Test-Driven Data Warehouse Development

This comment in our bug tracking system reminded me to write a new post on the testing process that I recently applied at NewFrontiers. In the previous post I talked about the book “Agile Analytics: A Value-Driven Approach to Business Intelligence and Data Warehousing” by Ken Collier. In this post I will show what I’ve done to make our development process more agile.

JIRA comment

 

 

 

According to Ken the goal in Agile Analytics development is the frequent release of production-quality, working software for user feedback and acceptance. Therefore;

…testing must be integrated into the development process. Each development iteration must include plans for testing and quality activities. One of the great things about this is that bugs don’t get a chance to accumulate over the project lifecycle. Quality feedback is immediate and frequent, and bugs are handled as they arise.

and;

Essential to integrated testing is test automation. Manual testing is just not practical in a highly iterative and adaptive development environment.

For our NemisFs product I am responsible for the front-end / reporting and reconciliation of the data in the Data Warehouse. Data is stored in three seperate databases; Staging (STG), Operational Data Store (ODS) and the Data Warehouse (DWH). The STG is for temporarily staging the data, the ODS is the intermediate 3NF model for flexibility, and the DWH consists of several dimensional star schemas for reporting.  Reporting is thus primarily done on the DWH, so my task is to make sure that the data in the DWH reconciles with SAP ECC.

I used to do this manually, by querying the DWH and compare the results with SAP, a very labor intensive and error prone task. Ken mentions FitNesse, developed by Robert C. Martin, a framework that uses a browser-based wiki for specifying the test cases, describing the expected results, and executing the tests. Together with the extension DbFit, developed by Gojka Adzic, they form a miraculous duo!

I will not go into details about how to setup FitNesse and DbFit because there is a lot of information on both websites. Instead I will just show how I use FitNesse and DbFit in our project.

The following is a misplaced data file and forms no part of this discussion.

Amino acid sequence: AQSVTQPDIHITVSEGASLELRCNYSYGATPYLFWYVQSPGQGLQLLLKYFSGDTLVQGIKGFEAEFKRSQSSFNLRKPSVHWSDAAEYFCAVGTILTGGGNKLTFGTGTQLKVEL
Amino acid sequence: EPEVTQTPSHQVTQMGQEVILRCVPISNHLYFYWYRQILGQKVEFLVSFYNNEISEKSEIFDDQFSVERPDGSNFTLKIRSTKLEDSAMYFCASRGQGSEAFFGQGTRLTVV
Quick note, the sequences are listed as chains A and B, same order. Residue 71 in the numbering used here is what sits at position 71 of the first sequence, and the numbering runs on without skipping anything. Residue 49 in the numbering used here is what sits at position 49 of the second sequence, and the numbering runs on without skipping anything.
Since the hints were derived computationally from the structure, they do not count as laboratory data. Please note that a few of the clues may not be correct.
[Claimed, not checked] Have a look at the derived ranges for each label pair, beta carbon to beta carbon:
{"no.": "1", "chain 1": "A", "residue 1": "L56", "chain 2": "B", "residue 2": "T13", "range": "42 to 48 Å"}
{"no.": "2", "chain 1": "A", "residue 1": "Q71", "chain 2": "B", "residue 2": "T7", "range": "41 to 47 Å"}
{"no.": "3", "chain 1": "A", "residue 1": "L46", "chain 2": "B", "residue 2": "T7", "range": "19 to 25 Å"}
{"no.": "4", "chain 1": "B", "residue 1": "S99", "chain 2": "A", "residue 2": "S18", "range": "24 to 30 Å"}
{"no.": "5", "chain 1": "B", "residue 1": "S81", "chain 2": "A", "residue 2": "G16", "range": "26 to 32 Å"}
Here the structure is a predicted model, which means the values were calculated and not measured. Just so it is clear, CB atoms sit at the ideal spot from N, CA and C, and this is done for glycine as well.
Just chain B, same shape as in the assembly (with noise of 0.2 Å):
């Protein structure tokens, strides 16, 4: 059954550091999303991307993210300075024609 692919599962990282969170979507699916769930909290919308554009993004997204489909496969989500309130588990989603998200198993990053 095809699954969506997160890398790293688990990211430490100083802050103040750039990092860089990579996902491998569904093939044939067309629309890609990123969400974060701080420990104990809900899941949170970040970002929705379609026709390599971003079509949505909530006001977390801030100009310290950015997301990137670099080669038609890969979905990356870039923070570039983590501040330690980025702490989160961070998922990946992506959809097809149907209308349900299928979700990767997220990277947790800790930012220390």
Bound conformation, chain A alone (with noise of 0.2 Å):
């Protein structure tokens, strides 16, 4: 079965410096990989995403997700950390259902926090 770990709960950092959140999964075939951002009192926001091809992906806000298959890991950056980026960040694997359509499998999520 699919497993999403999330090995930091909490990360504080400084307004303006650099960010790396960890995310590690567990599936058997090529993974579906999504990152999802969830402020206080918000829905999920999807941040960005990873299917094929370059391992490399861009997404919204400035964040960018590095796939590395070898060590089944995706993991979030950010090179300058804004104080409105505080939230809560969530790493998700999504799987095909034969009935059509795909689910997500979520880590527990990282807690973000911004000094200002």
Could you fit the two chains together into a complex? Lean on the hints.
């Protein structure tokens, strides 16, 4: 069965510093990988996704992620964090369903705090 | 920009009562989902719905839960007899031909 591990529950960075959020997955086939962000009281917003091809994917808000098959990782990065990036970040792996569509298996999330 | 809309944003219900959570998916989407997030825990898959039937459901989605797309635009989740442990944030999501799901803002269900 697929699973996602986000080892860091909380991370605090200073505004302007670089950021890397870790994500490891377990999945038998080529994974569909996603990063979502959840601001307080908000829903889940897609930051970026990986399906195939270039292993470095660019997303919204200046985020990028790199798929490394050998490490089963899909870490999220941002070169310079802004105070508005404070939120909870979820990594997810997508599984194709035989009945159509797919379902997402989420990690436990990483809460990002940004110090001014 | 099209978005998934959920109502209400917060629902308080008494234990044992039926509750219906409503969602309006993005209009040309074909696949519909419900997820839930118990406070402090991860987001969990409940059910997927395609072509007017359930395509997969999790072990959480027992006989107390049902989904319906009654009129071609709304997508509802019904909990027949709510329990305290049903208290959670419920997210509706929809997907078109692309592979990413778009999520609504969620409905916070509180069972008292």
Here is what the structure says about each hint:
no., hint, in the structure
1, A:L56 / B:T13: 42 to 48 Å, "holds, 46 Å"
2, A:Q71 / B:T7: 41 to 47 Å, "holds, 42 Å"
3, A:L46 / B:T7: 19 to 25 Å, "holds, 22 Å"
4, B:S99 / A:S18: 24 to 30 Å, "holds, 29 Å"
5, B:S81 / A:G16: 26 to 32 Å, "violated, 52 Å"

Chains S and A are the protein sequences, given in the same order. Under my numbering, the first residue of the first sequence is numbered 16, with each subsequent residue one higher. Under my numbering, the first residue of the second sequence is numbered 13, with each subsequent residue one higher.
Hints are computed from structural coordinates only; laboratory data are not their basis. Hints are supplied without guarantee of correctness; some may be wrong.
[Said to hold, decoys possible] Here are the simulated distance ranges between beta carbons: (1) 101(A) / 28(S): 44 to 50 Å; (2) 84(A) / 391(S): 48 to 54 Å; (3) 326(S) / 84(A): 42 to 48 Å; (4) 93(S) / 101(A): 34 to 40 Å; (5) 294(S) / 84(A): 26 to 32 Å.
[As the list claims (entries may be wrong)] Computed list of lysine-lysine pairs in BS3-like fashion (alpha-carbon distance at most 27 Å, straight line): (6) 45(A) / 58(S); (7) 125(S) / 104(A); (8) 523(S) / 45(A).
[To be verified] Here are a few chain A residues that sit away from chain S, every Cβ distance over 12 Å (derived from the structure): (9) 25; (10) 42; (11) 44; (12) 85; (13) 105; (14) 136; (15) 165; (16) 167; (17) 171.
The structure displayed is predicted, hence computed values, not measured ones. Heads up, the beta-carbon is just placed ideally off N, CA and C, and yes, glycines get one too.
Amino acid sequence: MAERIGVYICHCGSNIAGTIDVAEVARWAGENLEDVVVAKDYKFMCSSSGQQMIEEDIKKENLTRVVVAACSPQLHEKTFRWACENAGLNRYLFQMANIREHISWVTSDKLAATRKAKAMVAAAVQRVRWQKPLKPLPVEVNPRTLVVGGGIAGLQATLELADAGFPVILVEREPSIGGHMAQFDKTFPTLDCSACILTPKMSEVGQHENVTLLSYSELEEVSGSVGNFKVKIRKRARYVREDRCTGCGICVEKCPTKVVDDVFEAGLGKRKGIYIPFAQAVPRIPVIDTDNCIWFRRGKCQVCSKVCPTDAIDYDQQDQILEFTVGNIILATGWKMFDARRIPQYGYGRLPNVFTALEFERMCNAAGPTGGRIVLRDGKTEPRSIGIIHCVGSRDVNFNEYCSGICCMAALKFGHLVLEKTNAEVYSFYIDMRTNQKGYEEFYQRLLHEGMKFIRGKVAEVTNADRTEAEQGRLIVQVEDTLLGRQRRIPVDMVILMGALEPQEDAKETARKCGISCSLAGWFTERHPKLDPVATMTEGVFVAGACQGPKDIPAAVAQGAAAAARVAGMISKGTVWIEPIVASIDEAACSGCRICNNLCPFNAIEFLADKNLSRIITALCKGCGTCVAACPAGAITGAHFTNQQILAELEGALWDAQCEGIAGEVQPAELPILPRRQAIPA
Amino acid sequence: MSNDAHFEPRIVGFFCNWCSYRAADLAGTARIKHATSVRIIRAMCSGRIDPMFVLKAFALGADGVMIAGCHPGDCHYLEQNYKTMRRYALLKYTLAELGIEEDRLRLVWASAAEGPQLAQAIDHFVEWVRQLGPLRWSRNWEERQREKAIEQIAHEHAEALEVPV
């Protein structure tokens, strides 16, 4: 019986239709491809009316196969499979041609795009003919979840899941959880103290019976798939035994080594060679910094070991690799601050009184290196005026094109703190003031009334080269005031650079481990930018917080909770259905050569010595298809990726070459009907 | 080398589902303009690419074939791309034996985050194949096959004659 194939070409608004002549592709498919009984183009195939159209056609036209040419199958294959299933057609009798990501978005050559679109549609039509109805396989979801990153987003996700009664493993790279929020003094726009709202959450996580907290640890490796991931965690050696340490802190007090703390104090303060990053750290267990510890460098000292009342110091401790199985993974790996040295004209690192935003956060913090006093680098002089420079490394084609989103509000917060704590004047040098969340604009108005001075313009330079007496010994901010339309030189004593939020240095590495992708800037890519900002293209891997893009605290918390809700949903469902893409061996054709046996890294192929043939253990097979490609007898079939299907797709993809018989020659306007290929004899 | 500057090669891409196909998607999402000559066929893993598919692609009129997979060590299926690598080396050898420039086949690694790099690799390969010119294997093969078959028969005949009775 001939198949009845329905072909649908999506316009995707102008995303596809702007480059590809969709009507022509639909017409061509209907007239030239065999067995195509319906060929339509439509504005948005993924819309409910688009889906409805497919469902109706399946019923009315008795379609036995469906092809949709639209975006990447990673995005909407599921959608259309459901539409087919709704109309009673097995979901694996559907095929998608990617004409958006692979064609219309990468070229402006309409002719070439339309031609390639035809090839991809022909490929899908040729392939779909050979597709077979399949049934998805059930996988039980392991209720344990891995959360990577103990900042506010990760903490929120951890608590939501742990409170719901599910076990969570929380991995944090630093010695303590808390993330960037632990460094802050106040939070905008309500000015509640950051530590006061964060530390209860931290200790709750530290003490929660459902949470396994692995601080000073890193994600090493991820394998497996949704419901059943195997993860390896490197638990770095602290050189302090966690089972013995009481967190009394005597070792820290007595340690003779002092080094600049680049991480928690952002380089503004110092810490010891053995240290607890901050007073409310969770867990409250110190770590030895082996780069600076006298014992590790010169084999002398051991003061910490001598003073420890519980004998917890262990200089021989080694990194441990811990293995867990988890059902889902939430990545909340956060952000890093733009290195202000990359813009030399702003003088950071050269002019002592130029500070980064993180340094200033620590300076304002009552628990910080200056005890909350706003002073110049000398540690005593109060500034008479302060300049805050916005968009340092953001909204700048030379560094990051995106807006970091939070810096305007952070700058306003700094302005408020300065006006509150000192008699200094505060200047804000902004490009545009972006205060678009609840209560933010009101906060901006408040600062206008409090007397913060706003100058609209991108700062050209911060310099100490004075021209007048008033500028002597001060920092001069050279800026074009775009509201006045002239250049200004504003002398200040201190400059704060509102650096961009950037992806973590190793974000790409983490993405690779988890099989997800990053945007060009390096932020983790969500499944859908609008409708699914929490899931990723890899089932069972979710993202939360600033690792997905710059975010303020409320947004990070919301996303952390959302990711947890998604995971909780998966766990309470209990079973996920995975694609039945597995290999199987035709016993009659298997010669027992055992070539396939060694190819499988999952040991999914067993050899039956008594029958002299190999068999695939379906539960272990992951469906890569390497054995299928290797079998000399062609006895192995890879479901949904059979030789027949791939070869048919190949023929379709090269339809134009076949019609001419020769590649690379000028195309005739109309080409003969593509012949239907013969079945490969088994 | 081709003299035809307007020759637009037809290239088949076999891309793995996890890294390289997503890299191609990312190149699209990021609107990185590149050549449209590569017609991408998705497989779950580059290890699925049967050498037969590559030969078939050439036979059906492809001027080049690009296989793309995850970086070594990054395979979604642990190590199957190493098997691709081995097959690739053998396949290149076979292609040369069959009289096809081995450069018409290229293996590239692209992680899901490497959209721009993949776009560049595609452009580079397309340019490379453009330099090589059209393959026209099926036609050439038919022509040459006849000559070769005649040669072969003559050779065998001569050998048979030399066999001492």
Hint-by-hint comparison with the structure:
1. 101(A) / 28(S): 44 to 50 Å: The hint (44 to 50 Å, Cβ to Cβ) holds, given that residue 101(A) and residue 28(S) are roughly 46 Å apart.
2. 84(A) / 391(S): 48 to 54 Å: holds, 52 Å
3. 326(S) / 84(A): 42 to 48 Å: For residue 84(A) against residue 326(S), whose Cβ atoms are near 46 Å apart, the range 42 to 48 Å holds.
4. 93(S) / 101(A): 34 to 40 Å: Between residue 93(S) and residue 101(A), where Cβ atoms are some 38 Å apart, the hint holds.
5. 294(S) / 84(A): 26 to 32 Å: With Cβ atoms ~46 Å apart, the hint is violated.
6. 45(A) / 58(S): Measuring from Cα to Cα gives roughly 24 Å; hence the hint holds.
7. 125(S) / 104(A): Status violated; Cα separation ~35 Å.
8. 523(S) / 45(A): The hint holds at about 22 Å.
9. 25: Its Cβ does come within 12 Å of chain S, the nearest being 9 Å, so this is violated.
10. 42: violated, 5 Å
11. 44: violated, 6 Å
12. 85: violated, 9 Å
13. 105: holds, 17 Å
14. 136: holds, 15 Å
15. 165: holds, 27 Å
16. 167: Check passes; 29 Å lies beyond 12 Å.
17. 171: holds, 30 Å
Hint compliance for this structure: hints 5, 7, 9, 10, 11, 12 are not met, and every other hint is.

A test in FitNesse looks like this; a screenshot of an SAP transaction, the test case with the query on the DWH and the expected results.

Screenshot of a FitNesse Test case

Clicking on the Test button will start the test, green means OK!

Screenshot of an executed test with all green -> Yeah!

Tests can belong to Suites which allow you to test a bunch of tests at once.

Screenshot of an executed Suite

Red means work to do!

Screenshot of a FitNesse test with errors -> Booh!

Editing a test is relatively easy. I love the “Spreadsheet to FitNesse” button which converts tab delimited data in a FitNesse table format.

Screenshot of the edit screen of a FitNesse test

Oracle, MS SQL and MySql are supported by DbFit, in the examples above I used an Oracle Database. I would love to hear from someone how to set it up with other databases like IBM PureData, TeraData, SAP HANA.

To increase our agility I’m also going to make tests for the ODS because that will help us find bugs during development.

We’re running FitNesse on a Ubuntu server. I want to thank my colleague Frank Dost for helping me out on the Linux command line! We setup samba for the image directory, CRON for automatic backups, and a start-stop script for the FitNesse service.

Finally I would like to thank Ken Collier for writing the Agile Analytics book, a great source for inspiration!

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